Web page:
Pukka Sahib is a slang term taken from Hindi words for “Absolute” (“first class”, “absolutely genuine” for English users) and “master”, but meaning “true gentleman” or “excellent fellow”. Used in the British Empire to describe Europeans; more usually to describe an attitude which British administrators affected, that of an “aloof, impartial, incorruptible arbiter of the political fate of a large part of the earth’s surface”.
From Chapter 5 of George Orwell’s first novel, Burmese Days:
It is a stifling, stultifying world in which to live. It is a world in which every word and every thought is censored. In England it is hard even to imagine such an atmosphere. Everyone is free in England; we sell our souls in public and buy them back in private, among our friends. But even friendship can hardly exist when every white man is a cog in the wheels of despotism. Free speech is unthinkable. All other kinds of freedom are permitted. You are free to be a drunkard, an idler, a coward, a backbiter, a fornicator; but you are not free to think for yourself. Your opinion on every subject of any conceivable importance is dictated for you by the pukka sahibs’ code.
In the end the secrecy of your revolt poisons you like a secret disease. Your whole life is a life of lies. Year after year you sit in Kipling-haunted little Clubs, whisky to right of you, Pink’un to left of you, listening and eagerly agreeing while Colonel Bodger develops his theory that these bloody Nationalists should be boiled in oil. You hear your Oriental friends called ‘greasy little babus’, and you admit, dutifully, that they ARE greasy little babus. You see louts fresh from school kicking grey-haired servants. The time comes when you burn with hatred of your own countrymen, when you long for a native rising to drown their Empire in blood. And in this there is nothing honourable, hardly even any sincerity. For, au fond, what do you care if the Indian Empire is a despotism, if Indians are bullied and exploited? You only care because the right of free speech is denied you. You are a creature of the despotism, a pukka sahib, tied tighter than a monk or a savage by an unbreakable system of tabus.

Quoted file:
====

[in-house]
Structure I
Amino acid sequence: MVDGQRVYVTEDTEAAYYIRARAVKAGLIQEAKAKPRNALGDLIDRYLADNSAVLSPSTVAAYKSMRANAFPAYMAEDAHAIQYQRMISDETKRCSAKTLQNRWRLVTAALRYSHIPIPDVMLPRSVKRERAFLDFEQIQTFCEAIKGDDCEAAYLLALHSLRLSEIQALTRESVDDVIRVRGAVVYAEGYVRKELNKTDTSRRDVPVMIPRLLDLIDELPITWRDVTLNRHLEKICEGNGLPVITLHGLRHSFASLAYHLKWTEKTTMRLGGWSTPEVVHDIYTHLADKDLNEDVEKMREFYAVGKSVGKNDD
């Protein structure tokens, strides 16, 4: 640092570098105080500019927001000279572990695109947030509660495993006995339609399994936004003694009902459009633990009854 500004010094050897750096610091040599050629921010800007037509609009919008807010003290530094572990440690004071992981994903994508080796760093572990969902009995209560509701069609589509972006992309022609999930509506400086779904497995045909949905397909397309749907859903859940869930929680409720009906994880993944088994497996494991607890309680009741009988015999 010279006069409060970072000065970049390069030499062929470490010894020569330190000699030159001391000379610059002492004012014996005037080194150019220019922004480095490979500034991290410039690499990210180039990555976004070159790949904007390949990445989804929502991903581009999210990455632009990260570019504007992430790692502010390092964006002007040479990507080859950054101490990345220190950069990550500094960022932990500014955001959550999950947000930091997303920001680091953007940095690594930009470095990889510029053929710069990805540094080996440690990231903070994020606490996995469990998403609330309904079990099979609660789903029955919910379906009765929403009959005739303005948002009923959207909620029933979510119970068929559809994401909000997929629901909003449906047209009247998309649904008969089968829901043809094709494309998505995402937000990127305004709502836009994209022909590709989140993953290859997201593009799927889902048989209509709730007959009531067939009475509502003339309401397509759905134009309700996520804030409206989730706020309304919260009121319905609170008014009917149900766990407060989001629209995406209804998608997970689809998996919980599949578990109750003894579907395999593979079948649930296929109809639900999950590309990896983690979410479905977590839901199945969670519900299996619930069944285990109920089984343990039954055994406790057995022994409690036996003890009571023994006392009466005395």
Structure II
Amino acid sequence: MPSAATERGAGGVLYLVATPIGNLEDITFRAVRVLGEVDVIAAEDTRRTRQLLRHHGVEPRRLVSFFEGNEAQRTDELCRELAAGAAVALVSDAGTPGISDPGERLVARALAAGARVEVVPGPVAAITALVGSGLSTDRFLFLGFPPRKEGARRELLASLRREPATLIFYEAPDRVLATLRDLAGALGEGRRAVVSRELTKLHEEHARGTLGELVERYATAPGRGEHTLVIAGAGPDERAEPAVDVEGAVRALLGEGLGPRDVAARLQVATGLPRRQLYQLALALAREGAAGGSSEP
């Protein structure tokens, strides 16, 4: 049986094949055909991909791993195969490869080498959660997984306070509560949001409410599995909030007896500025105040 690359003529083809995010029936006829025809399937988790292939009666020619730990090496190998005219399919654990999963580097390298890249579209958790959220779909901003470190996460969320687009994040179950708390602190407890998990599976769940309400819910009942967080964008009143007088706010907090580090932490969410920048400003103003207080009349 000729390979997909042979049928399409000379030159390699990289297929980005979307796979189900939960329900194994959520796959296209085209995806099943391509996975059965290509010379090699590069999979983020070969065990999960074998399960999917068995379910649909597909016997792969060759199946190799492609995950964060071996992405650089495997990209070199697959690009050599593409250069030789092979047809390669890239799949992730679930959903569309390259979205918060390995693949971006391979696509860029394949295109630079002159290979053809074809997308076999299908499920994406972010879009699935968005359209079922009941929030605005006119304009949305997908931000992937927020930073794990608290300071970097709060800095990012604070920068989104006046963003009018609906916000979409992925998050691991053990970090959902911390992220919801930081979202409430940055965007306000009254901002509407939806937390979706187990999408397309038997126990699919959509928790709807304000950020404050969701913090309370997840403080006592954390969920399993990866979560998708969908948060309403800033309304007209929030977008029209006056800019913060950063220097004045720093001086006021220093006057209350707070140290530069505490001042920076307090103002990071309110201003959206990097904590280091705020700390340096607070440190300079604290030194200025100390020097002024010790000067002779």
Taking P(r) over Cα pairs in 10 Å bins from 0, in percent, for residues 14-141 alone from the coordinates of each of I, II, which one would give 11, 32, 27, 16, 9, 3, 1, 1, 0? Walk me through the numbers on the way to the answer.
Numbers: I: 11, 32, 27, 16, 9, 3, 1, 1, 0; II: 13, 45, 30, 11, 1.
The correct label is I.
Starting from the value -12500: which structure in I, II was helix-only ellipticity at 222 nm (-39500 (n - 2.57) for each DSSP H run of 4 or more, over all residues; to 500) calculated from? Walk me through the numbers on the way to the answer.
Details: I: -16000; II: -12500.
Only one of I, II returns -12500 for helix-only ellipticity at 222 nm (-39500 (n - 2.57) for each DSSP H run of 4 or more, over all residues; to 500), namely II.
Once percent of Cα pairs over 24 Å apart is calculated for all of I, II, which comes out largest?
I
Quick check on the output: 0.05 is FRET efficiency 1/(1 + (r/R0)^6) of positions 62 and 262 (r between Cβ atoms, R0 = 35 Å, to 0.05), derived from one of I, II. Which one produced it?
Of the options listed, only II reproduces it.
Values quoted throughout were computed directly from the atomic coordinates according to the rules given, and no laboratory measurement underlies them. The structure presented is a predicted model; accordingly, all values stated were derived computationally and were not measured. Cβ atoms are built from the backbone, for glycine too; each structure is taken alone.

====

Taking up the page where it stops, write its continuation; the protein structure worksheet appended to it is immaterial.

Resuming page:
The Nineteen Eighty-Four is already strong in this one. Burmese Days is a blindingly colourful, hilarious, scathing and brutal look at English colonial Burma, its people and their prevalent attitudes. All those bastards and scheming political louts, and that poor little dog, Flo.